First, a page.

The spread of monkeypox all over the world puts us all at risk

Opinion: Hoarding monkeypox vaccines in wealthy non-endemic countries while neglecting the spread of the disease and rising cases in endemic countries is a strategy doomed to long-term failure

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Monkeypox, a zoonotic infection linked to smallpox, got a lot of attention this month, and rightly so. The appearance of cases in many countries around the world where this has never been seen before is concerning, although not entirely unexpected.

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Blatantly, almost all the attention is on the cases in rich countries. The tragic deaths and growing burden of disease in poor parts of the world continue to be largely overlooked.

If we’ve learned anything from COVID, it’s that we’re globally interconnected and the spread of infectious diseases all over the world puts us all at risk. Apart from perhaps multi-billionaires who have more personal wealth than some entire countries, we are all, to some extent, in the same proverbial boat.

Against a backdrop of international neglect, the number of monkeypox cases and deaths in central and western parts of Africa has risen dramatically since the 1970s, when the first cases were diagnosed in the Democratic Republic of Congo. The number of cases has increased more than tenfold over the past 10 years. In 2017, after 40 years without any cases, monkeypox reappeared in Nigeria. Since January 2022, the World Health Organization estimates that in the Congo alone, at least 57 people have died and more than 1,200 people have fallen ill from monkeypox. Media around the world paid little attention to these deaths.

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The reasons for the increasing number of cases in Africa are likely to be linked to ecology, deforestation, civil unrest and poverty – which force more interactions between people and the rodents/animals which are the natural hosts of the virus. monkeypox. Combined with the cessation of smallpox vaccination in the 1980s and the subsequent decline in immunity, this means that populations are now more susceptible to monkeypox.

Monkeypox, although less infectious and less severe than smallpox, is closely related, and countermeasures such as vaccines and treatments already exist, in very limited quantities. In fact, the UK has rolled out vaccines for people identified as close contacts of active cases. Canada and many other rich countries could follow suit and have a stockpile of these countermeasures. But, again, hoarding vaccines in wealthy non-endemic countries while neglecting the spread of the disease and rising cases in endemic countries is a strategy doomed to long-term failure.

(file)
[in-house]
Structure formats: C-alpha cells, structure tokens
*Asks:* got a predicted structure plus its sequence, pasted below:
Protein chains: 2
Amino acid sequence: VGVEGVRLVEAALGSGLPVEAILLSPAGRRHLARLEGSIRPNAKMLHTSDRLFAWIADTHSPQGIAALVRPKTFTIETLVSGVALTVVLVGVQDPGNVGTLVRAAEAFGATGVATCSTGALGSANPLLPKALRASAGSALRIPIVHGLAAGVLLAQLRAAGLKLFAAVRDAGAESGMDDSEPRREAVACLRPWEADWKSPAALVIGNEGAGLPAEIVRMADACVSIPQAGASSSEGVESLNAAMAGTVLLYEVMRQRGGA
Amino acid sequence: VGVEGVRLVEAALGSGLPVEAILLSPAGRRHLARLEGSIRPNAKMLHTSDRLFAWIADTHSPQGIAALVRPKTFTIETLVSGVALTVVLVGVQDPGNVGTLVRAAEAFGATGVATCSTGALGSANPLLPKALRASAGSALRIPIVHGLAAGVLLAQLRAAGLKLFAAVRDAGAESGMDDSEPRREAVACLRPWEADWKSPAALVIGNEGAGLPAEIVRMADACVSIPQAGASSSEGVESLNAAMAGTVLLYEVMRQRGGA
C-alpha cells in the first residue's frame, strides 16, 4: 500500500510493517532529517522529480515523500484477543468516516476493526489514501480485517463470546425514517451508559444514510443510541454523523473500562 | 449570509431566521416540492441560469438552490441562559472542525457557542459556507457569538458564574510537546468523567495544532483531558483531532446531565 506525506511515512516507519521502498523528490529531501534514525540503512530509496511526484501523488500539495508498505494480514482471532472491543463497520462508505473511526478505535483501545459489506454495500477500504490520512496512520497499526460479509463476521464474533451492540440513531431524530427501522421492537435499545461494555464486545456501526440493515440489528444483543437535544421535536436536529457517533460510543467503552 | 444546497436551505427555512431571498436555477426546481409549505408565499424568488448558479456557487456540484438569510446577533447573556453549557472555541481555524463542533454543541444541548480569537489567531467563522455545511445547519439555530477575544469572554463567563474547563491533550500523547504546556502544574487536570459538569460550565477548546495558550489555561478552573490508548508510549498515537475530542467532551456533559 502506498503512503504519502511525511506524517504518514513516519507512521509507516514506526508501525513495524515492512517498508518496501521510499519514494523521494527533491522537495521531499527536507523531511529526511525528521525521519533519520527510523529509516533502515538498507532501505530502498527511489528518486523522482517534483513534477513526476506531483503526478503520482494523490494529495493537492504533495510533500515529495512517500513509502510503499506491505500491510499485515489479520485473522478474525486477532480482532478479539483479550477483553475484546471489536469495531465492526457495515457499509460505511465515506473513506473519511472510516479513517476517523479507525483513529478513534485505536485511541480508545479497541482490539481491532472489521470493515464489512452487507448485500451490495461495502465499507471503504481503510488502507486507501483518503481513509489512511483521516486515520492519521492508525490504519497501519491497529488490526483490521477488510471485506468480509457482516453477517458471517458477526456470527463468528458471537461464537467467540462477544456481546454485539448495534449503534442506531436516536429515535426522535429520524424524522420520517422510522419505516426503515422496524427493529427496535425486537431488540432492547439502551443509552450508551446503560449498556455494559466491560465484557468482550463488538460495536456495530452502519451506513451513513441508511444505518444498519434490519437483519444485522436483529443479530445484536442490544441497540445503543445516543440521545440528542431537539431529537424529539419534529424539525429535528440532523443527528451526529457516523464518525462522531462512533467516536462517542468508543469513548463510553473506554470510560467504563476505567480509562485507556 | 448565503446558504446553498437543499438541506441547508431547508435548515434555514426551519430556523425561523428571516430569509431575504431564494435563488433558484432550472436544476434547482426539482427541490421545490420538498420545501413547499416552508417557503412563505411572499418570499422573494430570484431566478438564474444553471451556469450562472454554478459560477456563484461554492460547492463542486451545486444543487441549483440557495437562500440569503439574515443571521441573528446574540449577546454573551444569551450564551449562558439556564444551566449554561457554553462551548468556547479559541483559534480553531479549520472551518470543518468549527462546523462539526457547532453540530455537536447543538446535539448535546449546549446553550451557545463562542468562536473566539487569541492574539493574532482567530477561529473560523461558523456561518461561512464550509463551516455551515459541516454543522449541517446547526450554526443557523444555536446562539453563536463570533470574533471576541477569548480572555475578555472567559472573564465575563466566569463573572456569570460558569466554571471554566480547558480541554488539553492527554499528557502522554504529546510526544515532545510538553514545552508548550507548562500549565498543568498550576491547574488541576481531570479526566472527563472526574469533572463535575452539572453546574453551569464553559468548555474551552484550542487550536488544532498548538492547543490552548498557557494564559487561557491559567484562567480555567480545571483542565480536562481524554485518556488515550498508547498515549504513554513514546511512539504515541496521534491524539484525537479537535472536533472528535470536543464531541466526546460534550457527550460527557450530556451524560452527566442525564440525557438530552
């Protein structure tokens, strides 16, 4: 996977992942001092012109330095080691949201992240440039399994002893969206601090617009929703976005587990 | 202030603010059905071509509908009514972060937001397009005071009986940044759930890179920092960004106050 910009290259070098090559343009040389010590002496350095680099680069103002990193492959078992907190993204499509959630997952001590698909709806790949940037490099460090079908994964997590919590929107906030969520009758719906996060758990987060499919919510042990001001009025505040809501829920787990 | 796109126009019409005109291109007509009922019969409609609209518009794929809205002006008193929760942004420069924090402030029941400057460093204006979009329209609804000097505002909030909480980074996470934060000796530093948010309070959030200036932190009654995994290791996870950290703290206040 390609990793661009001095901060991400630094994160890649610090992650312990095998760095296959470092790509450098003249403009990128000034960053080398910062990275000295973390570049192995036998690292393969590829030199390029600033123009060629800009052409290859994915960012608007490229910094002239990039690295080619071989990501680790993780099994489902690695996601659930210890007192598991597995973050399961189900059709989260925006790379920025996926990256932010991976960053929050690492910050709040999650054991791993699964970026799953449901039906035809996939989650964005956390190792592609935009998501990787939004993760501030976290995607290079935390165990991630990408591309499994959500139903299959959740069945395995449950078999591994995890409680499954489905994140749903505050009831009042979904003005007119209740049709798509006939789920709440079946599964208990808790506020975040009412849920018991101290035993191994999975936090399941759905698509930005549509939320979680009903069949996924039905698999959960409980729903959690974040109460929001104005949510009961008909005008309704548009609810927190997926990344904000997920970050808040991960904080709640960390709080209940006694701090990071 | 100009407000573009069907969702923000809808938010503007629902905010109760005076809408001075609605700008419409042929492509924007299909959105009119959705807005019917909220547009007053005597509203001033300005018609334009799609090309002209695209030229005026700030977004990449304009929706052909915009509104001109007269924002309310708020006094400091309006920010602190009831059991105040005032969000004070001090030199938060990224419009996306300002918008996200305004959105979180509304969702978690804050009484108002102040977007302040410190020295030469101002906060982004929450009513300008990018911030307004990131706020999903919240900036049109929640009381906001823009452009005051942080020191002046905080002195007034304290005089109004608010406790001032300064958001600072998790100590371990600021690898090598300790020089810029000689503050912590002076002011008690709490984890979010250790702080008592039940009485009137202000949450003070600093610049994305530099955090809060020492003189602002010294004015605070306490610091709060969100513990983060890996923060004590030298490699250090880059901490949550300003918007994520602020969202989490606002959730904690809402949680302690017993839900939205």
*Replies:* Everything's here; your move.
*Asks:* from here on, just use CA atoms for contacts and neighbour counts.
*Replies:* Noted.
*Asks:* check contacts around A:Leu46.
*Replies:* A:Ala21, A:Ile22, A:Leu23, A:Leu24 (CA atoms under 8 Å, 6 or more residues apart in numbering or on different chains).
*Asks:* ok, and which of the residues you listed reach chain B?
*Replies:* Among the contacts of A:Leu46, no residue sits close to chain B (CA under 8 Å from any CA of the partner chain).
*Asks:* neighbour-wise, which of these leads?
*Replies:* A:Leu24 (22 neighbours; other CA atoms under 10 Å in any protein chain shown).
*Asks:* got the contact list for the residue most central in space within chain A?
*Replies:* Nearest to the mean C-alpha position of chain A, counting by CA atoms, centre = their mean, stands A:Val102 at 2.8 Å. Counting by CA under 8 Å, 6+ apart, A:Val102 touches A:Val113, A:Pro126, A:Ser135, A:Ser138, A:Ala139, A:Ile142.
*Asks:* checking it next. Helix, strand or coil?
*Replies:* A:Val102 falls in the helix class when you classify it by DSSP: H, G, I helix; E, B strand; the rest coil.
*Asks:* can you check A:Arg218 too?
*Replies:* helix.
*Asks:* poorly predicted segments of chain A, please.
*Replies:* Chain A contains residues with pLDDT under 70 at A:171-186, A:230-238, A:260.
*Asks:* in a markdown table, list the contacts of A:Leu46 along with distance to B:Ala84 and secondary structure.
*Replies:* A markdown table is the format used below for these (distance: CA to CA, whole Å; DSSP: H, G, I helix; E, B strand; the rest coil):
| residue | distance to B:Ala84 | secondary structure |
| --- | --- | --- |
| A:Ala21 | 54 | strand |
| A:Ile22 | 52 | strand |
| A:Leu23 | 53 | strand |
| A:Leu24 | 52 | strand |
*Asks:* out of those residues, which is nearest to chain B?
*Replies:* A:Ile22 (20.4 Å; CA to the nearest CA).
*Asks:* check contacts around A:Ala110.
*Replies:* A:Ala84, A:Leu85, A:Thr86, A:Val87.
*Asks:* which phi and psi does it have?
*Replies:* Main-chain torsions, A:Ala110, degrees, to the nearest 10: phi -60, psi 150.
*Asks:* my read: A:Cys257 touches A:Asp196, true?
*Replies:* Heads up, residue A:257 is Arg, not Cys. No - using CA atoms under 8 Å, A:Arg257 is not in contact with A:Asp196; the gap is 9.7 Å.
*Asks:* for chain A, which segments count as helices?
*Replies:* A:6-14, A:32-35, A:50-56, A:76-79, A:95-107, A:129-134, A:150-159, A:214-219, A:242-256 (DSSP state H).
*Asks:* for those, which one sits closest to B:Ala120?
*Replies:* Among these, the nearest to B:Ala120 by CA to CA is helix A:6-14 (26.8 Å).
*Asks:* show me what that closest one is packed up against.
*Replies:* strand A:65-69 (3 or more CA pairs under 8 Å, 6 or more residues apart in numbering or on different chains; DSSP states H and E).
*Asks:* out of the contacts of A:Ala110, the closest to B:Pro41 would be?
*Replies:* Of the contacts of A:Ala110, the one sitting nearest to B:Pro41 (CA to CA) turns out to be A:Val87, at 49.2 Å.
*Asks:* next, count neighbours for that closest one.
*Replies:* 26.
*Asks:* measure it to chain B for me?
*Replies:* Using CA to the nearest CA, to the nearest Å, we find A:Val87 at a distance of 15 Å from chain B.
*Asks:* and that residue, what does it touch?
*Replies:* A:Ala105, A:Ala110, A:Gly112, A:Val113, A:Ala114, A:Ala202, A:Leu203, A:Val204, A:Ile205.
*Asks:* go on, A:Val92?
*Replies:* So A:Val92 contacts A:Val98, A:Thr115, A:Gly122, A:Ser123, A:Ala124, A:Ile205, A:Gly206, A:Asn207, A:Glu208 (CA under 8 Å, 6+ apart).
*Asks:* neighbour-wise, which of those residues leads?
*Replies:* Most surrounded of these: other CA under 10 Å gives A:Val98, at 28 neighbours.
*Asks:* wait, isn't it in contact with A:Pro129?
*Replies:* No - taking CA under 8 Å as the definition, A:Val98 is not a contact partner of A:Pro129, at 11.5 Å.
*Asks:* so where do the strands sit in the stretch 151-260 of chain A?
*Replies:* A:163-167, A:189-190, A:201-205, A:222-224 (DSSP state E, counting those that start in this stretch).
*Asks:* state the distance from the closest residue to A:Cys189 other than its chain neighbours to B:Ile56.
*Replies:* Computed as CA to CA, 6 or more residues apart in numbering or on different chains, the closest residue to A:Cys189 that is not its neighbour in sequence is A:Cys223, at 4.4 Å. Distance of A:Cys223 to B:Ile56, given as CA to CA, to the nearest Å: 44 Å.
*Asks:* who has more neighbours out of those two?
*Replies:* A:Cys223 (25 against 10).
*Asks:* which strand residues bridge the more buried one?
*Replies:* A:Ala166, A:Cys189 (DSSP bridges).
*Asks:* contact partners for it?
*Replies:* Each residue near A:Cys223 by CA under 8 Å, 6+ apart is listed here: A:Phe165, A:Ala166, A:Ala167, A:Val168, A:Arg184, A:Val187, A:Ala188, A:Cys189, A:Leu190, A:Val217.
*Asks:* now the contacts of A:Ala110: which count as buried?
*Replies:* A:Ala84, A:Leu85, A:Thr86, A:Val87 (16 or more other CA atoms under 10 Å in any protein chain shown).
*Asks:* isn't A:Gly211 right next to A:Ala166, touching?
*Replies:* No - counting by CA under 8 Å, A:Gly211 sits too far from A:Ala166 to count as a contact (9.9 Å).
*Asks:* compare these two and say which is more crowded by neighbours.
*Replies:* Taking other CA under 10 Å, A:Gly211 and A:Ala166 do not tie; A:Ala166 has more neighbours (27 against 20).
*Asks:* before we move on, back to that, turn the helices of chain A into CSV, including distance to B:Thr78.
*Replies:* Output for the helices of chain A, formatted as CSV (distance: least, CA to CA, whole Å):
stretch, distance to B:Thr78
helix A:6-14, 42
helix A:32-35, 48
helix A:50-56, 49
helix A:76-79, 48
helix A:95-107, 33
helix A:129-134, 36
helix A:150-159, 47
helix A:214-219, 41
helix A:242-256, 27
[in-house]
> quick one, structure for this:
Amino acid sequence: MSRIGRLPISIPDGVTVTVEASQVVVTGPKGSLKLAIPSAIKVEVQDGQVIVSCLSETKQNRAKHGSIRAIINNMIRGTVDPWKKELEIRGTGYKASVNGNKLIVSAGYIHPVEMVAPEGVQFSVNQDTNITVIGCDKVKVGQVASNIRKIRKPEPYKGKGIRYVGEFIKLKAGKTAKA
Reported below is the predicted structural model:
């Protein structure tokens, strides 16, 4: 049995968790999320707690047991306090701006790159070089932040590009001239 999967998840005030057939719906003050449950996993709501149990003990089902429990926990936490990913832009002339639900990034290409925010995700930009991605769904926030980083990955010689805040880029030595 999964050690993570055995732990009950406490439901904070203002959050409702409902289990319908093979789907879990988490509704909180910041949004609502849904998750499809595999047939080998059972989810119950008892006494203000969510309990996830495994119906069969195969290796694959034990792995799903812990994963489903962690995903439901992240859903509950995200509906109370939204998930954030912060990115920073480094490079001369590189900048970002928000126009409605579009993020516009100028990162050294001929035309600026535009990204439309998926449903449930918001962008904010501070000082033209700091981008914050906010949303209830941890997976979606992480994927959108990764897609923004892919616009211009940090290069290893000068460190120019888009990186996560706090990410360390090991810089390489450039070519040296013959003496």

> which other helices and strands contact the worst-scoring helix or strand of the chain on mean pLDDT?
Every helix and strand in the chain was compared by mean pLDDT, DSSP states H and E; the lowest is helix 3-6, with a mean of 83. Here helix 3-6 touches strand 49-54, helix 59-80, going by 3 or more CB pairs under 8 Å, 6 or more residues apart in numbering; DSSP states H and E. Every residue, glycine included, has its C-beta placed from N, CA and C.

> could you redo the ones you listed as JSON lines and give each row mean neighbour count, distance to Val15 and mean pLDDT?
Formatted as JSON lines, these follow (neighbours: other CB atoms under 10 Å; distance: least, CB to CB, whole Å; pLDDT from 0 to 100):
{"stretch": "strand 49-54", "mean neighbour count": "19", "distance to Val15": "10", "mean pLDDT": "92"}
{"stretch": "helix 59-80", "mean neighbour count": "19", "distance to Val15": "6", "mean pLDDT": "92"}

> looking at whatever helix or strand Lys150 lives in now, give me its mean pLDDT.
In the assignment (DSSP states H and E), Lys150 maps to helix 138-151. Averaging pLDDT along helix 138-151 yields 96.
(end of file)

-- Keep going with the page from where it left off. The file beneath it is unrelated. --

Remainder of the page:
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The relative neglect of deaths and the growing number of cases in other parts of the world where the virus is endemic continue to be a problem. It is in our collective interest and our health security to ensure that access to care, surveillance, vaccination and therapeutic interventions reach the regions of the world most affected by this disease as a priority. This requires recognizing that we are a global community and that we must coordinate and cooperate in our response to emerging infections.

We would be deluding ourselves if we thought we could end the risks associated with monkeypox, COVID, avian influenza and other zoonotic diseases without addressing the drivers of infectious disease and fallout, including inequality, poverty, deforestation, climate change and our interactions with animals. as a global community.

Jan Hajek is an infectious disease specialist at Vancouver General Hospital; Victor Leung works in the Department of Pathology and Laboratory Medicine at the University of British Columbia; Srinivas Murthy works in the Department of Pediatrics at the University of British Columbia


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